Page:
Concerned about beach closures, lack of water clarity and the smell of decay from overfertilized waters in the Yahara River chain of lakes – Mendota, Monona, Waubesa and Kegonsa – a group called the Clean Lake Alliance decided in 2010 that it was time to take action.
The group commissioned an engineering analysis to model proven phosphorus-reduction strategies, with the goal of reducing the amount of phosphorus in the watershed by 50 percent annually.
“A couple of us farmers were approached by them,” said Jeff Endres, a fifth-generation farmer who owns Endres Berryridge Farms with his brothers Steve and Randy. “We met with them for almost a year and talked about some of the things we could possibly do in agriculture. What they wanted to do is take a holistic approach to dealing with phosphorus, talking to all the different entities that deal with phosphorus, city sewer districts, city stormwater, agriculture, all those types of things. They wanted to look at everything as a whole and create an organization that would help promote better management of phosphorus. They were very open-minded and they had the backing of some of the larger businesses that call Madison home. They wanted to take a holistic approach, don’t point fingers, let’s get something done attitude. We decided the best we thing we could do is form a farmer-led initiative and help lead in the best management practices.”
In 2011 the Yahara Pride Farms was established, with Endres serving as chair of the group. The recently formed Peninsula Pride Farms modeled itself after the Dane County group.
“So we did form our own 501(c)(3),” Endres said. “We started working with a funding source. Our main funding source is the Yahara WINs (Watershed Improvement Network) program (administered by the Madison Metropolitan Sewerage District). We took some of their funding and put it into a cost-share program to promote new technology, to make a difference in the amount of phosphorus moving off the farmland.”
Endres said there are 45 participating farmers in the watershed right now.
“We’ve pretty much concentrated on the northern part of our watershed so far,” he said. “As we grow and secure more funding, we’ll expand it throughout the watershed.”
Endres said several of the farms involved in the Peninsula Pride Farms initiative contacted the Yahara farmers for information on what they are doing.
“We explained how we structured our organization and things we’re trying to do. I think they will be doing some very similar things,” he said. “I complement the famers up there for what they are doing. If we get more of these started around the state, we can help each other through a networking system. There might be things we’ve already done down here that make might make a difference up there. And there might be things down the road that they’ve concentrated on that we can bring into play down here. I think it’s a real positive move and the best thing we can do is get the public to back it up and help it prosper.”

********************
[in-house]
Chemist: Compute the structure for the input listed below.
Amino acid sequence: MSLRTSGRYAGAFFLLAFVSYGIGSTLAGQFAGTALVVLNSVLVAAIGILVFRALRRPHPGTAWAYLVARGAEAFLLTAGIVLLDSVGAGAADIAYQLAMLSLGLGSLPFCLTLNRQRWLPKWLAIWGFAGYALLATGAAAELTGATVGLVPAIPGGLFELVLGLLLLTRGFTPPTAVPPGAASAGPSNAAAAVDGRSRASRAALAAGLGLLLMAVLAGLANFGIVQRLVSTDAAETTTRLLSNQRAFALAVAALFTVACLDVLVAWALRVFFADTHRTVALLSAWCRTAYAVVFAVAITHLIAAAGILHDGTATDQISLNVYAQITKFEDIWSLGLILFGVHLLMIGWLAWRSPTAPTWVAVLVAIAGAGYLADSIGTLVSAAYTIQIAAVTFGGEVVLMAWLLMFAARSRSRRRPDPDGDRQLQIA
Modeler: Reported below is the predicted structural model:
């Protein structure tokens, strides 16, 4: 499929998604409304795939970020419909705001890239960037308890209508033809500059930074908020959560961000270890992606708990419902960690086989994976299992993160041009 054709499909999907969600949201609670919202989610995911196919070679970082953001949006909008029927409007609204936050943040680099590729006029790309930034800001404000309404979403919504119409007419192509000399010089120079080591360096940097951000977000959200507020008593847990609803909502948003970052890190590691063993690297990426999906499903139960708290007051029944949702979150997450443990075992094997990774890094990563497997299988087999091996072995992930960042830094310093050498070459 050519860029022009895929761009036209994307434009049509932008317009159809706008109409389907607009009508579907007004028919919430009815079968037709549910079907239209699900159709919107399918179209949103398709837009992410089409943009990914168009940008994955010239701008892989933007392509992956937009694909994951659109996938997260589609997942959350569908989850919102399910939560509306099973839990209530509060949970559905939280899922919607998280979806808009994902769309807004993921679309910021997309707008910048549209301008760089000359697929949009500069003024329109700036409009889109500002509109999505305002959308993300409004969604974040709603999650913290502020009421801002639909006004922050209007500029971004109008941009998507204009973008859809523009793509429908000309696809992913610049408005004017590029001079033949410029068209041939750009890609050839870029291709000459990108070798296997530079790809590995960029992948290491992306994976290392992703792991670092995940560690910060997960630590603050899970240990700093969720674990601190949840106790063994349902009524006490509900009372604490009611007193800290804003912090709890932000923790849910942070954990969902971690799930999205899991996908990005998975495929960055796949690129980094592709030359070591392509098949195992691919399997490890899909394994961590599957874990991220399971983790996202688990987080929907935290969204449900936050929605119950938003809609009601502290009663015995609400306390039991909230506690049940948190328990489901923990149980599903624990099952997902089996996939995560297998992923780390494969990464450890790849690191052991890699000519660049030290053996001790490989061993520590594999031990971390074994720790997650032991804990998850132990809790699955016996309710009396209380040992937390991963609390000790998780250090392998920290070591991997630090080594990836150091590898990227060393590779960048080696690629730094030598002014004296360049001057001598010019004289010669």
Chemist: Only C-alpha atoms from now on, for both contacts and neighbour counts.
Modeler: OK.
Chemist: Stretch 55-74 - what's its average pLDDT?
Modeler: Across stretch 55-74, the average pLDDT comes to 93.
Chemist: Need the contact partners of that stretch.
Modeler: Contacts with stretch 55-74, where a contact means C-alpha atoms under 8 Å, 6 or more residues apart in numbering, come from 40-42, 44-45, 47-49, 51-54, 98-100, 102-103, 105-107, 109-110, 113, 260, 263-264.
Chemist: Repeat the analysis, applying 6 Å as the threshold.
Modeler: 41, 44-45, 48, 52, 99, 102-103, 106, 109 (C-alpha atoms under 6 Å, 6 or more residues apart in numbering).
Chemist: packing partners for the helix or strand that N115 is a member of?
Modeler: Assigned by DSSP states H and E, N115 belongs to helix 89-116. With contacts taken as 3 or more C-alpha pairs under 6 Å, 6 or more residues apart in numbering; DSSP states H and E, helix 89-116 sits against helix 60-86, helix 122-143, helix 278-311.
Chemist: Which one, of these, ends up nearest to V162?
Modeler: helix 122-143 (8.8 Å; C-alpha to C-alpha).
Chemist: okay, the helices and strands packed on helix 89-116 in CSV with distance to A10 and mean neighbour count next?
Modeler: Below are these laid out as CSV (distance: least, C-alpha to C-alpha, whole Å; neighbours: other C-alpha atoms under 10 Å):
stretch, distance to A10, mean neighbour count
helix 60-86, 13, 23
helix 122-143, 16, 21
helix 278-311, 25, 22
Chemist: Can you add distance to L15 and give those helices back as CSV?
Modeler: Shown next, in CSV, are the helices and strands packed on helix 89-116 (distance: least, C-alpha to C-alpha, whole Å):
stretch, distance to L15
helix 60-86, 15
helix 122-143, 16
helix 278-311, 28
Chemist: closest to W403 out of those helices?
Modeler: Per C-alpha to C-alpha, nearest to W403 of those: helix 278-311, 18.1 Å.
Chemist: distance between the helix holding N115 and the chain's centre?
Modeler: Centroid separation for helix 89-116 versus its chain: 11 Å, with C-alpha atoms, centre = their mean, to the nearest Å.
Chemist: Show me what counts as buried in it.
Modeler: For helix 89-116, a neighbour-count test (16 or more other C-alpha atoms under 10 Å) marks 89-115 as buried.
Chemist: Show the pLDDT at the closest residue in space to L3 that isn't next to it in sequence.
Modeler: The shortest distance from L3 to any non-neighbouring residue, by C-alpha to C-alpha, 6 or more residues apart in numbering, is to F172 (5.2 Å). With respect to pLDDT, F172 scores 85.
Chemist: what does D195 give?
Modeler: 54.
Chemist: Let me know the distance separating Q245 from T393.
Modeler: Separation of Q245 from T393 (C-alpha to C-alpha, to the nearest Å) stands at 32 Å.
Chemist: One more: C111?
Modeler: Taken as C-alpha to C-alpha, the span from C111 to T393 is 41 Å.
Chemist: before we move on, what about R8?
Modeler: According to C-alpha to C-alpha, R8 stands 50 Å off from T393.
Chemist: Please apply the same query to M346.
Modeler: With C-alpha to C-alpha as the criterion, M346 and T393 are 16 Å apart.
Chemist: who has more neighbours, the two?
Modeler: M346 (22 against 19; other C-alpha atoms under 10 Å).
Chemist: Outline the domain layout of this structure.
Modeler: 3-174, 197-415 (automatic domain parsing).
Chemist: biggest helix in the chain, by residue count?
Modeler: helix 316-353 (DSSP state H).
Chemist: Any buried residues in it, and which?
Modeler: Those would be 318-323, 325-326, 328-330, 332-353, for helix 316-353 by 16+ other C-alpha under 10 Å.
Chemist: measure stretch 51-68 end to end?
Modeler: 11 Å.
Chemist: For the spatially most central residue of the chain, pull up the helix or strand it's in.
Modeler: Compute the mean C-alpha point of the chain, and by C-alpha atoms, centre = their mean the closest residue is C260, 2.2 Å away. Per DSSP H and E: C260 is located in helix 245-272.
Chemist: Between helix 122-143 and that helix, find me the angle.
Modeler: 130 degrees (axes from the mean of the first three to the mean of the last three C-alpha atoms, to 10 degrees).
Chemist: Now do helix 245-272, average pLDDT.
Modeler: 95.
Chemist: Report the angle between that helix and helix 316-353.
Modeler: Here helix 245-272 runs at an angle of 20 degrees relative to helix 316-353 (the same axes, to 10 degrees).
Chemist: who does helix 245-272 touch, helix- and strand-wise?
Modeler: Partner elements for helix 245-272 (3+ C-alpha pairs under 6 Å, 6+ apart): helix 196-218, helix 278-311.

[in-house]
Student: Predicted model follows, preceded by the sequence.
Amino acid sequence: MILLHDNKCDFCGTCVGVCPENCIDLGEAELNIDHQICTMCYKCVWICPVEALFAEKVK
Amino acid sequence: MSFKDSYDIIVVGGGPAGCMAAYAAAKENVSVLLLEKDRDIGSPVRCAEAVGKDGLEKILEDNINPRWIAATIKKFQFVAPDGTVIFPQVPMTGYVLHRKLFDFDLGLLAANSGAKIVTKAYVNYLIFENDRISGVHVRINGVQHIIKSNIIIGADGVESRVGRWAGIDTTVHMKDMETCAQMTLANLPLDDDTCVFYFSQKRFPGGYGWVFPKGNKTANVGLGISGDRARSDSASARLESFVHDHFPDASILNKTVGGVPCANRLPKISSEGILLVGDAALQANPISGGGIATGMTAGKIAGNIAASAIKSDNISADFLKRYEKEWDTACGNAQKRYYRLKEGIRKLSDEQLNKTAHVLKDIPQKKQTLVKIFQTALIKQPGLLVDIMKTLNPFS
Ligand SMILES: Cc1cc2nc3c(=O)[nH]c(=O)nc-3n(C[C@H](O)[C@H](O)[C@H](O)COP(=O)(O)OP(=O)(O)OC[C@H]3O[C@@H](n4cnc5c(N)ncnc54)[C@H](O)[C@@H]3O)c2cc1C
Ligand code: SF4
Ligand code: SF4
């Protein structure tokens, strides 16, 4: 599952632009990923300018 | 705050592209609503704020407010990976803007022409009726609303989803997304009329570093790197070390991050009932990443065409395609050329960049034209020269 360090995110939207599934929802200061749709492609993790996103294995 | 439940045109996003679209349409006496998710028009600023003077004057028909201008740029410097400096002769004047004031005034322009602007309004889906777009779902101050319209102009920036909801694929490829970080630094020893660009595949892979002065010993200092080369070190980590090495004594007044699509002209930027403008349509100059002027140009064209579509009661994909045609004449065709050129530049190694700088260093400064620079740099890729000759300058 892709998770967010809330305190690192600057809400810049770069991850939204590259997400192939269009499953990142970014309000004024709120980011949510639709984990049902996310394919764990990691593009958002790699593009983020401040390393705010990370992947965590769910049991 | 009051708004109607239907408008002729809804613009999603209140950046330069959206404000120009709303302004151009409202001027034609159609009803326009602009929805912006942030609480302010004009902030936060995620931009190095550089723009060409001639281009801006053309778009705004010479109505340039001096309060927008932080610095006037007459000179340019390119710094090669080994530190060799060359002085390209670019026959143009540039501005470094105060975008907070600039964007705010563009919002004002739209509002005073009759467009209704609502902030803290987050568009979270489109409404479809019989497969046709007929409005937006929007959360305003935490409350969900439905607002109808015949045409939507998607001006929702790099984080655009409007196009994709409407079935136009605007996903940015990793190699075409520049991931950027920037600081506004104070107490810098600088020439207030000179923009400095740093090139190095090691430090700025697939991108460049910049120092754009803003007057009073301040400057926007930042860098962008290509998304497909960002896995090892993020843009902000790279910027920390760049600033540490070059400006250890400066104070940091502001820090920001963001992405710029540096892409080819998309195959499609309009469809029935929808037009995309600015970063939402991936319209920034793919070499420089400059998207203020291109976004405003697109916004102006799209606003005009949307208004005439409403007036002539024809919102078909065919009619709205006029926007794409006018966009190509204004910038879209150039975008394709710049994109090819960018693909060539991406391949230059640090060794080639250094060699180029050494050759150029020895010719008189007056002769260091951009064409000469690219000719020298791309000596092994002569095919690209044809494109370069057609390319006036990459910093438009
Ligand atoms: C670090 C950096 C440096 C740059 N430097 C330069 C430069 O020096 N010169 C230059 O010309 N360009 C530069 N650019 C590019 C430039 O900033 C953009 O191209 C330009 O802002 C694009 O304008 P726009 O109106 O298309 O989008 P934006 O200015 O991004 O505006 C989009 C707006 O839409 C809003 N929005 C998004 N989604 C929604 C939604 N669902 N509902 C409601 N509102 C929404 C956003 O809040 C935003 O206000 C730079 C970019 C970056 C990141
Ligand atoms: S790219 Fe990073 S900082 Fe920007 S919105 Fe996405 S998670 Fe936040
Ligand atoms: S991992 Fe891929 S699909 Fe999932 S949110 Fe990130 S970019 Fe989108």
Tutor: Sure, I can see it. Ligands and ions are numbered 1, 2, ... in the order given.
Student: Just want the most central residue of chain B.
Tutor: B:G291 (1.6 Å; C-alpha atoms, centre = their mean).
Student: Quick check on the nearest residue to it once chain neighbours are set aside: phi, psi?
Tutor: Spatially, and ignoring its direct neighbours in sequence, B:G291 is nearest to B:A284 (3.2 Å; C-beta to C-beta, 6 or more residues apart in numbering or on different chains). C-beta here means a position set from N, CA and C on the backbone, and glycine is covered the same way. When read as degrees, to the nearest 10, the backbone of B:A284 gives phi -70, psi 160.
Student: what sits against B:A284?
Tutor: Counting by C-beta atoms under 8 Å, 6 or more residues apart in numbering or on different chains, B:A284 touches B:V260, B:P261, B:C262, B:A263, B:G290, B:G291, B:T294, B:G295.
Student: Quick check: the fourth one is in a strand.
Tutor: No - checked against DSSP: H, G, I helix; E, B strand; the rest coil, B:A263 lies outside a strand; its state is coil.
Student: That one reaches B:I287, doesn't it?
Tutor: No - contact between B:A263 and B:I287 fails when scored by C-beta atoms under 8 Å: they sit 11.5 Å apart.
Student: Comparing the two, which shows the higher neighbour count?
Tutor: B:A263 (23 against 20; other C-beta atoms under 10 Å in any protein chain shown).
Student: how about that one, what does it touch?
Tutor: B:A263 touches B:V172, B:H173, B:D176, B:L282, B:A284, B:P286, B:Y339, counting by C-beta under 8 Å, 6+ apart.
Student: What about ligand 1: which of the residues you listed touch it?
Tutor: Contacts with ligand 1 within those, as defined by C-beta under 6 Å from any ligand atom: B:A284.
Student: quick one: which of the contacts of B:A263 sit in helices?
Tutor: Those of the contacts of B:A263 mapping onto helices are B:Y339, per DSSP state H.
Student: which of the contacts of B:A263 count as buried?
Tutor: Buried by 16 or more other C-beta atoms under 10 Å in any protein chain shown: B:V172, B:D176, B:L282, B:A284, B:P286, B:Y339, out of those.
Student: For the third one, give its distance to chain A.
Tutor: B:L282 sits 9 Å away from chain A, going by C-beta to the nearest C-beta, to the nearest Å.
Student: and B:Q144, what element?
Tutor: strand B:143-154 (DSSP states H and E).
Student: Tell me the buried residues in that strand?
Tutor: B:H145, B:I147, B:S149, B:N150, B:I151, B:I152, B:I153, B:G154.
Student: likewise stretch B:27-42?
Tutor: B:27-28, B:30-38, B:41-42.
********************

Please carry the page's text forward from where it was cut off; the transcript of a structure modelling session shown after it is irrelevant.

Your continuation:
Endres said since the organization started, the public has gained new respect for the farmers involved in the initiative.
“It always kind of bothered me, we talk about how we’ve got to educate the farmer on this and that, but we have to educate the public as well,” he said. “What we’ve been able to do down here with the cooperation of the Clean Lakes Alliance, we’ve gotten very good at messaging each other’s messages. They message the types of things we’re doing on the farm, and we message their concerns about the lakes back to the farmer. I think in the past, farmers are used to doing their own thing and we don’t always showcase the things we are dong. There are a lot of good practices that have been put into use over the years.
“Nobody works closer to the environment than the farmers,” Endres continued. “A lot of their success is due to the environment. It’s in their best interest to be good stewards of the land. We need to continue to always strive to be the best we can. I think that’s the part the people are missing. We’re constantly making changes, constantly adapting to new technology and new products. You get a group of farmers working together and addressing the situation or problem, they will instantly start feeding off each other to improve. They’re some of the best problem solvers in the world.”